1 February 2018

Melbourne’s orbital mobility challenge: chapters 1 to 4

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Summary of document

The first section of this business case sets out the role of transport in a connected Melbourne, the problems facing the city’s transport network and the benefits of addressing these problems. It examines and tests a range of potential strategic options to confirm that North East Link is the most effective strategic response to these problems.

Melbourne’s population boom has underpinned consumer demand, housing construction and, ultimately, economic growth; however, it has also created significant demands on housing, infrastructure, services and the environment. As the city continues to grow, Melbourne must be able to offer access to jobs and education, and meet basic housing, energy and transport needs in ways that are efficient and sustainable. A large city that grows without these opportunities, services and structures in place is at high risk of experiencing adverse economic, environmental and social consequences. With the benefits of a productive, competitive and liveable Melbourne extending well beyond the city’s boundaries, maintaining these features is also critical to strengthening the wider Victorian and Australian economies.

Supporting a growing city requires strong transport connectivity for radial (to and from the CBD), cross-city and orbital travel. While Melbourne has strong radial connectivity that enables good central city access, other trips are not as well served by the transport network. These journeys are becoming increasingly important to moving people and goods around and through Melbourne, and to extracting maximum value and opportunity from the city’s productive and competitive potential.

Alongside improved cross-city connectivity, it is important to maintain the qualities that make the city an attractive destination for residents and businesses, and to reinforce Melbourne’s reputation for liveability. This includes making sure that additional pressures are not placed on the Urban Growth Boundary, which is designed to contain Melbourne’s outward growth, create a more consolidated and sustainable city, and protect productive agricultural land and significant natural landscapes.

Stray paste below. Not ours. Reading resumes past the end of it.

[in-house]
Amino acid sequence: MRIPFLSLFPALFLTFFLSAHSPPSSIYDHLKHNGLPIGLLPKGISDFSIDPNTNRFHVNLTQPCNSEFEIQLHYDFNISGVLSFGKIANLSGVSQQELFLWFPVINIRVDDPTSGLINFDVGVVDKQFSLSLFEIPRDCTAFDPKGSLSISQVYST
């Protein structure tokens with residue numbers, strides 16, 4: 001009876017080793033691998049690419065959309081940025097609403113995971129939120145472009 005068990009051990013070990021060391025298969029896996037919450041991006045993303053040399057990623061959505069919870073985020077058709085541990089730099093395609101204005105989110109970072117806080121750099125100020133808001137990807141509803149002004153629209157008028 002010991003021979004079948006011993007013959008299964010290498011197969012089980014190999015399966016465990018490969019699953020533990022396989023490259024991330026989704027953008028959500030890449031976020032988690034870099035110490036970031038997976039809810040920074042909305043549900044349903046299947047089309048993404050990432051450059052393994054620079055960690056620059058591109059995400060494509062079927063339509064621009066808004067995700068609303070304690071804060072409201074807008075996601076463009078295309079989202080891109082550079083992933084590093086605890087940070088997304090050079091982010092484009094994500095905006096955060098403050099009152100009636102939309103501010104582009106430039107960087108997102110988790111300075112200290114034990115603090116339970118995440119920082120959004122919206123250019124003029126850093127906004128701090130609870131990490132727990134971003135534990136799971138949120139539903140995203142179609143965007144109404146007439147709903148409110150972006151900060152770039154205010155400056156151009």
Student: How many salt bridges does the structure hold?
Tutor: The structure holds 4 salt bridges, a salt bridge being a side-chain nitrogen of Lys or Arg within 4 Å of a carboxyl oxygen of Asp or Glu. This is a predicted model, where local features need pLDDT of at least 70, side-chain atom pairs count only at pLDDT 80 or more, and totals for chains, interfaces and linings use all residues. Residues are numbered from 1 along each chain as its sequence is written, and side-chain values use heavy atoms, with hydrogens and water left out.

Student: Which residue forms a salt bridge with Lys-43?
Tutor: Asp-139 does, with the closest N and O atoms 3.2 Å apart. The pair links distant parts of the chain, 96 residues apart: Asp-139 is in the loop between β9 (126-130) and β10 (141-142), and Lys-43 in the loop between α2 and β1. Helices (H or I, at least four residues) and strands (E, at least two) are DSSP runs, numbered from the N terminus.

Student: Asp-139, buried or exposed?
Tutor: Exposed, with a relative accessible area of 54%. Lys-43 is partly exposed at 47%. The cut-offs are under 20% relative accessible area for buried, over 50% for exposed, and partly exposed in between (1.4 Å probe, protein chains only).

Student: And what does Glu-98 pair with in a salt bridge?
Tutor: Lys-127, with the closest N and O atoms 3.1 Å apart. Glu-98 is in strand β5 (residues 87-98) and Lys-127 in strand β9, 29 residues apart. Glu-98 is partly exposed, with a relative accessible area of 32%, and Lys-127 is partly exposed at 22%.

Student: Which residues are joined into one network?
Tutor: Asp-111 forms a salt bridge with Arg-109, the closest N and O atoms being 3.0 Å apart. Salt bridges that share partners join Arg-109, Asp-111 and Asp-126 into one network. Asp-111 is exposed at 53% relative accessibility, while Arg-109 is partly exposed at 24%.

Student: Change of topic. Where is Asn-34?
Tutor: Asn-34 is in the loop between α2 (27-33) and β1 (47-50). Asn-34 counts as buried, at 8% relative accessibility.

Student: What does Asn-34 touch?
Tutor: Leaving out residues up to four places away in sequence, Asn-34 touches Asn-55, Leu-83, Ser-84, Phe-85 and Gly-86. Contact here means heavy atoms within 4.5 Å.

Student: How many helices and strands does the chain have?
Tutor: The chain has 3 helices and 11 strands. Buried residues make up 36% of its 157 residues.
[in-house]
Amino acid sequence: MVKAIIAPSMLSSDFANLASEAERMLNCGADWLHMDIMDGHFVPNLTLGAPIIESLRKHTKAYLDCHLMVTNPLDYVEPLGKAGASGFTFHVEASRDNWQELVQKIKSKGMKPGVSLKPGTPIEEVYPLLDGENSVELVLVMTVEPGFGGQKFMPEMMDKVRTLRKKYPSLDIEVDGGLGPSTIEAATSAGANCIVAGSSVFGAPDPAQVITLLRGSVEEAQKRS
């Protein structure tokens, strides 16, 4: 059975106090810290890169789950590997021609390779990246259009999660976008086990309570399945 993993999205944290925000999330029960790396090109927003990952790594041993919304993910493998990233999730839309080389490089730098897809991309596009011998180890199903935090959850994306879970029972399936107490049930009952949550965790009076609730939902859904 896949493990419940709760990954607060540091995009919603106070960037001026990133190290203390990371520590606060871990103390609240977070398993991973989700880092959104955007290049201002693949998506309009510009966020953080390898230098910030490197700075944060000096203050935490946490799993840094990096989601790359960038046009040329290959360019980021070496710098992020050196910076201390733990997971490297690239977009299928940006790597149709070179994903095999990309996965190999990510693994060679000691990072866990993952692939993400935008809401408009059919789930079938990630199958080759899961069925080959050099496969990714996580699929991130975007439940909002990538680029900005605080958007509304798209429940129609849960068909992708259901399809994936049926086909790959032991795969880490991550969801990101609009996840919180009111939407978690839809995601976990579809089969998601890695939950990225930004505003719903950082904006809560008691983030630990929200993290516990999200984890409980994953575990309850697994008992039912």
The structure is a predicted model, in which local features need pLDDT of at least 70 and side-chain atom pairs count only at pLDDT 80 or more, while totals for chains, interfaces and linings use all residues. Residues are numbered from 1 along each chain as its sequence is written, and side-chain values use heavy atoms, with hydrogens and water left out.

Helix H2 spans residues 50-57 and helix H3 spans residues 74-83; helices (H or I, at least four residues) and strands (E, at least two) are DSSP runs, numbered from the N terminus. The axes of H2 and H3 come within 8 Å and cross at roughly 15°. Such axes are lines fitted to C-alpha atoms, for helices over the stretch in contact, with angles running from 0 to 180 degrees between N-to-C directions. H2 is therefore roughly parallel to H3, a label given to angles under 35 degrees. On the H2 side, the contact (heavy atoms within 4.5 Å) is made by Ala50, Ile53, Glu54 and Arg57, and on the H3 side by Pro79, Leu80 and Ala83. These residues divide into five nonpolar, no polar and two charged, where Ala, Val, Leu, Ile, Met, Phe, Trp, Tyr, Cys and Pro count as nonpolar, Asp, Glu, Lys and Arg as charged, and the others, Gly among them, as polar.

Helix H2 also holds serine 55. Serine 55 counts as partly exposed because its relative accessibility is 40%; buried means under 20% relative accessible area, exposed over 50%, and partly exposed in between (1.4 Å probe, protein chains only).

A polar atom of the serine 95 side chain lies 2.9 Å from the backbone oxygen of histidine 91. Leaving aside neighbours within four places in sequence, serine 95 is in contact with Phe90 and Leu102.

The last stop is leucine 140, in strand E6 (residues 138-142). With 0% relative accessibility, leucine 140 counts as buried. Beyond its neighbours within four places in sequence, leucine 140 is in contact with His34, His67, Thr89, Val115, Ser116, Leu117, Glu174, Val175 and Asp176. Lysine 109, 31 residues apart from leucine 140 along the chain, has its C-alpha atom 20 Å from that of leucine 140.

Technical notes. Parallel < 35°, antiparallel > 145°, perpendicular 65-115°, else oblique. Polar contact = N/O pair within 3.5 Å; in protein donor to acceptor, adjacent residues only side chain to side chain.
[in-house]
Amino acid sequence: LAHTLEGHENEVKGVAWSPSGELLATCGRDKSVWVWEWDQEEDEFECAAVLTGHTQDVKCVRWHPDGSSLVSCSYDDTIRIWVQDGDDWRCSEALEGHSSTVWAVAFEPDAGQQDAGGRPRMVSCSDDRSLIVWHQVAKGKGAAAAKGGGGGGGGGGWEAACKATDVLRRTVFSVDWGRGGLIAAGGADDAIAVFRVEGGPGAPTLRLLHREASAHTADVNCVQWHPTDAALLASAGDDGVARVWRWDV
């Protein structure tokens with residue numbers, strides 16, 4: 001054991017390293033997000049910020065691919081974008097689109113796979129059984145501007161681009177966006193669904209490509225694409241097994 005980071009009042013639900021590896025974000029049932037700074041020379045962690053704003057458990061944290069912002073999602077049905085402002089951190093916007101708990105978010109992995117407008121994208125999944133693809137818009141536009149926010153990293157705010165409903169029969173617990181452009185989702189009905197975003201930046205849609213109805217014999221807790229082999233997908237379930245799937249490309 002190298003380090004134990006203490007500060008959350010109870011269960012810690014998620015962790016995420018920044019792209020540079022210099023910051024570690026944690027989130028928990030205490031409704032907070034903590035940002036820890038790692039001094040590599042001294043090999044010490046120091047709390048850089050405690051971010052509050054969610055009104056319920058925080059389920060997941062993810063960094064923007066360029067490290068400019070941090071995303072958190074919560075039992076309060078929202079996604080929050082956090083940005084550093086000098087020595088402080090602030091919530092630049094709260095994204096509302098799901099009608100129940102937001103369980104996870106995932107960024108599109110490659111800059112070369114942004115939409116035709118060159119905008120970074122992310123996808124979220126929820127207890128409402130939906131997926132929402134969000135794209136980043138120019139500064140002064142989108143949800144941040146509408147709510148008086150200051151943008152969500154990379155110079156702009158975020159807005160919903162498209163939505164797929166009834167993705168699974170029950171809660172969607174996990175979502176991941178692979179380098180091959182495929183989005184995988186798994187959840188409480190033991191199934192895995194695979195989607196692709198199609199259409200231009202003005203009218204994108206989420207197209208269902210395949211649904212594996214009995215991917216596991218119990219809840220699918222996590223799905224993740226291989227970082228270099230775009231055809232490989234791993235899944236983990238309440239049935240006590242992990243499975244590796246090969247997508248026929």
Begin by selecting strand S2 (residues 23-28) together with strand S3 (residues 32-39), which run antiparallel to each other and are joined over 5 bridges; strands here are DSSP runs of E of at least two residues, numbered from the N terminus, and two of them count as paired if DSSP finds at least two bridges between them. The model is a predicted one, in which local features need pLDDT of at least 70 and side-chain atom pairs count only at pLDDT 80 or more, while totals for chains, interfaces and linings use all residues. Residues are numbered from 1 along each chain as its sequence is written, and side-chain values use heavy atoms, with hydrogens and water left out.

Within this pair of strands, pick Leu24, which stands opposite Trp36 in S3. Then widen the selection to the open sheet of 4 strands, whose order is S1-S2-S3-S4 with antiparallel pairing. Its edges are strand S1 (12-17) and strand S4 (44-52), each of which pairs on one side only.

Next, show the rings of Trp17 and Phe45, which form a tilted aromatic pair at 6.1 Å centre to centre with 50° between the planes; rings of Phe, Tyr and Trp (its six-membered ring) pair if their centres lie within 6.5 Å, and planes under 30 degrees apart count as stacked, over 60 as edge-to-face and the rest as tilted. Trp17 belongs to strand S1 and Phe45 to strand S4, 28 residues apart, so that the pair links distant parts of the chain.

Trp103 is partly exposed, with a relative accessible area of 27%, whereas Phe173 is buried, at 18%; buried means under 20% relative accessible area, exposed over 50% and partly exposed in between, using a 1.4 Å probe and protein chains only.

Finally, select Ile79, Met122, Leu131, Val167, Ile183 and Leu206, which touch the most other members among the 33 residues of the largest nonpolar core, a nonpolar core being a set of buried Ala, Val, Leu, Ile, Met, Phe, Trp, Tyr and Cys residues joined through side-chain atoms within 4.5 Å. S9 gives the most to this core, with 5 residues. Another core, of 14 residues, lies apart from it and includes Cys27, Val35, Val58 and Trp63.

The Victorian Government has taken steps to improve Melbourne’s connectivity by alleviating road congestion, increasing accessibility and adopting a strong focus on integrated transport and land use planning. Much-needed capacity has been added to the transport network, including investment in major new rail and road infrastructure and upgrades to existing assets and services. While these actions have resulted in significant improvements to parts of the transport network, the city’s unconnected freeway network continues to constrain the performance of the wider network and reduce connectivity and accessibility for households and businesses across Melbourne.

Cross-city movements between Melbourne’s west and north are facilitated via the M80 Ring Road, extending from the Princes Freeway in Altona to the Greensborough Bypass. Movements between the east and south east are enabled by EastLink, which traverses the outer eastern suburbs between Donvale and Seaford. However, there is no freeway-standard connection for cross-city orbital movements between the eastern terminal of the M80 Ring Road and the Eastern Freeway and northern end of EastLink. Instead, these movements are facilitated via arterial roads that are struggling to cope with increasing traffic volumes and competing travel demands that include commuter trips, business trips and intra-city, regional and interstate freight movements.

The context for the preparation of the business case is outlined in Chapter 1.

Chapter 2 explores the impacts of poor cross-city orbital connectivity by analysing how:

  • Melbourne’s unconnected freeway network constrains the economic potential of Victoria.
  • Inefficient freight movement between the north and south east of Melbourne limits supply chain competitiveness and hinders the growth of high value industries.